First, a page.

HOT SPRINGS, Ark. (BP) – John McCallum knows the pain of struggling with grief and loss during the holiday season. But rather than sinking in sorrow, he’s using it to serve others.
McCallum, senior pastor of First Baptist Hot Springs, makes a point to write a personal letter to everyone in his church just before the holiday season who has endured the loss of a family member since the last season.
“One of our secretaries keeps track for me all year and gives me the list in early November. I write so many notes, I space it out over about two weeks. Then, I mail them all at the same time, so they get them before Thanksgiving,” he told Baptist Press in written comments.
He says the idea came to him while teaching a class on grief a few weeks before the holiday season.
“Every year, just ahead of Thanksgiving, I lead a three-session Grief Workshop one night a week for the three weeks leading up to Thanksgiving. It’s open to the church and community. I think the idea for the notes originated while leading the workshop. I intentionally do the workshop just ahead of the holidays because I know grief is more intense in the holidays,” he said.
McCallum’s father died the day after Christmas in 1987 and his mother passed on Christmas Eve 2008.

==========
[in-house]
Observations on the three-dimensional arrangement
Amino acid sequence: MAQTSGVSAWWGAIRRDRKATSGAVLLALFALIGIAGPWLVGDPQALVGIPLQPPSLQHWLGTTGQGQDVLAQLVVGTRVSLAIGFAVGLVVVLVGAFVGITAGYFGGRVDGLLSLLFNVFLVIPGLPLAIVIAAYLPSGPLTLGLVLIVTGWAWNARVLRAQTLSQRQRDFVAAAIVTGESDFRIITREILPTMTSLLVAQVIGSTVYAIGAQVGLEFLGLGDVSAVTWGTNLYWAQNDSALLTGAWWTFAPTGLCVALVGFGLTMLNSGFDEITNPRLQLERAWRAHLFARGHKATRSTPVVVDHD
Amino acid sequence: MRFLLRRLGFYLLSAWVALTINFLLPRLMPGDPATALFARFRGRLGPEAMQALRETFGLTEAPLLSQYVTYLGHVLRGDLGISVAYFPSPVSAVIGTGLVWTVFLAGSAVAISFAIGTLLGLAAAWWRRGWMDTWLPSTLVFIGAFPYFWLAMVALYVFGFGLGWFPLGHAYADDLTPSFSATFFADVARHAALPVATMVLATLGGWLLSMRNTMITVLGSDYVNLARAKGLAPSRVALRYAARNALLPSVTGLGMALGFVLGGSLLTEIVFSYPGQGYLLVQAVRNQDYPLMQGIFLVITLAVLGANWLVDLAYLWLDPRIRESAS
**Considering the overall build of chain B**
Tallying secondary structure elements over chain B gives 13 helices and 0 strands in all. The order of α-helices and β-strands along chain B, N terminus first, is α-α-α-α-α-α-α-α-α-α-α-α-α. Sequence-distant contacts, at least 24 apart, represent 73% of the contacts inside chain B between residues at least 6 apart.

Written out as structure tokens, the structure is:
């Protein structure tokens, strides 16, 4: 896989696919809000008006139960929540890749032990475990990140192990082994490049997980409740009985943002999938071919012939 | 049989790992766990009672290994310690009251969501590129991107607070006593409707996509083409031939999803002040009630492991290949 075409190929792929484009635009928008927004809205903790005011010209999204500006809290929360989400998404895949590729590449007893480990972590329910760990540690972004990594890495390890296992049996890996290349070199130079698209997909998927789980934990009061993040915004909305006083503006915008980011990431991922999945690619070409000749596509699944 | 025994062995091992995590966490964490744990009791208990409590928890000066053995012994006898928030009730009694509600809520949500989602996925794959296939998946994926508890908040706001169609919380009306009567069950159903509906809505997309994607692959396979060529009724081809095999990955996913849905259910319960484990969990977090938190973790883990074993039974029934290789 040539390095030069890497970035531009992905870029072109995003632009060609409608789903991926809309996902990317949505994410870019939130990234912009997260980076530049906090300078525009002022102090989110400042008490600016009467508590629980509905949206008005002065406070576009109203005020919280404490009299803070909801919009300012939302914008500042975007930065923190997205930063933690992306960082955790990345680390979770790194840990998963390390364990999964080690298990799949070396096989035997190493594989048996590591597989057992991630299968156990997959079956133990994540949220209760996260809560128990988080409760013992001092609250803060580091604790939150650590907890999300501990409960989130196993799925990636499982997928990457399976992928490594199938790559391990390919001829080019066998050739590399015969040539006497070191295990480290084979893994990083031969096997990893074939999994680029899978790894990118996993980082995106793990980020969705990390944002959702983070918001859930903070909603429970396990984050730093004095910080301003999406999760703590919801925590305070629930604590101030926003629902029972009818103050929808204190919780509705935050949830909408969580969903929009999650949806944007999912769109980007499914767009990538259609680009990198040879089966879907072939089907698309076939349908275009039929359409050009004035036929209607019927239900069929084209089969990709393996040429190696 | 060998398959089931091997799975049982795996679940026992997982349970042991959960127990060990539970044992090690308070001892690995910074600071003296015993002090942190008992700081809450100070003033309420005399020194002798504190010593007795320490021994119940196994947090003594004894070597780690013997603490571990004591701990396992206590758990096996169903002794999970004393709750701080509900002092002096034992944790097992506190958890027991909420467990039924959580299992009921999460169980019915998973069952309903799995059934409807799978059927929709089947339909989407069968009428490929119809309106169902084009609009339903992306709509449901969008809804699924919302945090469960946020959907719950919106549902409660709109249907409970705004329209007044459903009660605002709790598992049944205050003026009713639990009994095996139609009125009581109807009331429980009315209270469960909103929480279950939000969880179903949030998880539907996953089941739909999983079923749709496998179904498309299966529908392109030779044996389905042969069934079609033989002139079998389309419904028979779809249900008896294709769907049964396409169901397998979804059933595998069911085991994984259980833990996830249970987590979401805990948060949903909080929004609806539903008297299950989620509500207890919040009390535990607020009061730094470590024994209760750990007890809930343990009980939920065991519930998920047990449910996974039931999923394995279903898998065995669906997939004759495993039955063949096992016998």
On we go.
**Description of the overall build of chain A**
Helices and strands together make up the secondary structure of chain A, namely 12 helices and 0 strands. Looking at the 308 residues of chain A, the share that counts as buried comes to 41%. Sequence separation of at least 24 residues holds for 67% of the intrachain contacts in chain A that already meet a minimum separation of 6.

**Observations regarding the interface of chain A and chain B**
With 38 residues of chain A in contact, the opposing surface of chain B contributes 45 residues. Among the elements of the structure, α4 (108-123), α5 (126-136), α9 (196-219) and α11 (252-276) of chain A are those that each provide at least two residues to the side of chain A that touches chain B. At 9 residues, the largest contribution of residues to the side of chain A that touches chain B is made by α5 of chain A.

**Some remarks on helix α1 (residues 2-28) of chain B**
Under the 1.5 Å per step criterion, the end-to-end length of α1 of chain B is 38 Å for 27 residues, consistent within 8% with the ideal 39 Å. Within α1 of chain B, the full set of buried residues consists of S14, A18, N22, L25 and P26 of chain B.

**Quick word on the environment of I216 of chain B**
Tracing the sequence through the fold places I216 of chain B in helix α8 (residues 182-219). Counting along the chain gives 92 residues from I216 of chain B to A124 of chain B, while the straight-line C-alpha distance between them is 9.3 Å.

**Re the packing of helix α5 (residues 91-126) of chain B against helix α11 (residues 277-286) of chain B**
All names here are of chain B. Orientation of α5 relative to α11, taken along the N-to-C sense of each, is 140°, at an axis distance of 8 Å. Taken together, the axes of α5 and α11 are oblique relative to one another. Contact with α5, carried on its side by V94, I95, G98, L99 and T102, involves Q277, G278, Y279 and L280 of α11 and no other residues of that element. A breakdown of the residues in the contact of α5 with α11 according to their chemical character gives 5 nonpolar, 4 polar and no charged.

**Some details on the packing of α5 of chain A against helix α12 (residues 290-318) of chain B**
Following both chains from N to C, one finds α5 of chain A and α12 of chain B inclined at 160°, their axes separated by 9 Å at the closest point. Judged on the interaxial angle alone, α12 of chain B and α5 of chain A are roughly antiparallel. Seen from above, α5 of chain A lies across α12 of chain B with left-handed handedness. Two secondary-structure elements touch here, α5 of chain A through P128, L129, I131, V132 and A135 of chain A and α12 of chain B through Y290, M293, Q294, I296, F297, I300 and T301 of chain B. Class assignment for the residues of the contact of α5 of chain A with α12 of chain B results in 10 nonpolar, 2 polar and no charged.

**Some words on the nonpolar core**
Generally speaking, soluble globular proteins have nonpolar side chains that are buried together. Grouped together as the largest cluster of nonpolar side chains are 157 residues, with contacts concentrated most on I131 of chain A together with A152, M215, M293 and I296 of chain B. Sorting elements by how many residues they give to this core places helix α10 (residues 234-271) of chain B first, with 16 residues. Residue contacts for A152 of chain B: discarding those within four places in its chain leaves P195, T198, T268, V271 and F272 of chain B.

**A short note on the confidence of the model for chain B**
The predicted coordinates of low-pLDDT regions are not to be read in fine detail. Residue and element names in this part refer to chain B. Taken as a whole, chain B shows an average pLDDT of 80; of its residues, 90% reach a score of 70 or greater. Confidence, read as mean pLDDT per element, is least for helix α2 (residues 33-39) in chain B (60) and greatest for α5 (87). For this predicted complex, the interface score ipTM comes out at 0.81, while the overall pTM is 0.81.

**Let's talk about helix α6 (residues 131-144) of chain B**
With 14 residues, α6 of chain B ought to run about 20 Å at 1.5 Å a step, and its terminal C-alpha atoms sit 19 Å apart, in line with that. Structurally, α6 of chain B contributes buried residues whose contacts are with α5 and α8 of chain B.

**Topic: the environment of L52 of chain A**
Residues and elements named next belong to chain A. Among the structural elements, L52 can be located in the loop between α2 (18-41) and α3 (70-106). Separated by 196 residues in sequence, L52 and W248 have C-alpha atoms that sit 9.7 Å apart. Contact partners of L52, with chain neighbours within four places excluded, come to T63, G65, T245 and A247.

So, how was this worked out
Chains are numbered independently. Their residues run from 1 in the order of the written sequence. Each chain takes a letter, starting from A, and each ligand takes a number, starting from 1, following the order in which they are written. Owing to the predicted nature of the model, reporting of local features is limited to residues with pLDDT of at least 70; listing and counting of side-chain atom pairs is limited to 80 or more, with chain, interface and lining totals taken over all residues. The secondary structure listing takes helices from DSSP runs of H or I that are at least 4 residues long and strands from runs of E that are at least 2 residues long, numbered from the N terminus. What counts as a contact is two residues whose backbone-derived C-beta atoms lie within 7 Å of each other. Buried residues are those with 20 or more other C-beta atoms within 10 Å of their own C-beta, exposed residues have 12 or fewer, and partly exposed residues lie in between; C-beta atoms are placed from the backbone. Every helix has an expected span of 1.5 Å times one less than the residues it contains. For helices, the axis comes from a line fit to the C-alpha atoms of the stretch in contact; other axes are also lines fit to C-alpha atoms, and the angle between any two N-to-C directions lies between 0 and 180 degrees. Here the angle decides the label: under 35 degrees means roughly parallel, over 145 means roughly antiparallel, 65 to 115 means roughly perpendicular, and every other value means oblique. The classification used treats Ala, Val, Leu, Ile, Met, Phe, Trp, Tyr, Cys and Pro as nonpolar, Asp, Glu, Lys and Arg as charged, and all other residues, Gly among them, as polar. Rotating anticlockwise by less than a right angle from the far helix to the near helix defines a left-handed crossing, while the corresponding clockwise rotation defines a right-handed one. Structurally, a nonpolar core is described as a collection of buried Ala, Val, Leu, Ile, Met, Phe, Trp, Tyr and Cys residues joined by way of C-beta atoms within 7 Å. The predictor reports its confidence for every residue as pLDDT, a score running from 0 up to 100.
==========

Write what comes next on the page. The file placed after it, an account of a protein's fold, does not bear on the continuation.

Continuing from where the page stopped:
“I have learned that grieving people appreciate a remembrance and prayer about their grief, weeks or months after their loved one has passed,” he said.
“It reminds me that grief is a process, often slow, and it helps people to know that others are with them in the journey.”
Donald S. Whitney, professor of Biblical spirituality and the associate dean of the School of Theology at the Southern Baptist Theological Seminary, says people often wonder if they should send a note to someone who has recently lost a loved one knowing it might bring the loss to mind.
“You can be certain the person who has lost someone they love is thinking about it on special anniversaries or holidays,” he told Baptist Press.
Whitney is encouraged by McCallum’s note-writing and wishes more pastors did the same.
“If you take time to write a handwritten note, you can be guaranteed the person who receives it will read it.
“A handwritten note is a personal touch. Ministry is all about personal touch,” said Whitney.
McCallum says he knows the cards make an impact on the recipient.
“Every year, I get responses from many of those who receive the notes through emails, texts, or face-to-face. It encourages them and reminds them that someone else remembers their loved one in the difficult holiday season,” McCallum said.
Whitney says he has former church members, all the way back to 1995, who still reference cards or letters they received from him.
“I have learned that a note has a lasting impact. People keep it handy and look back at it. Some put it in their Bible for a season. The note lasts longer than a brief phone call,” said McCallum.
“Doing this also confirms what I’ve believed throughout my ministry, that when the pastor reaches out in shepherding love to grieving people, they don’t just feel the pastor’s touch; they feel Jesus’ touch.”
(EDITOR’S NOTE – Brandon Porter serves as associate vice president for convention news at the SBC Executive Committee.)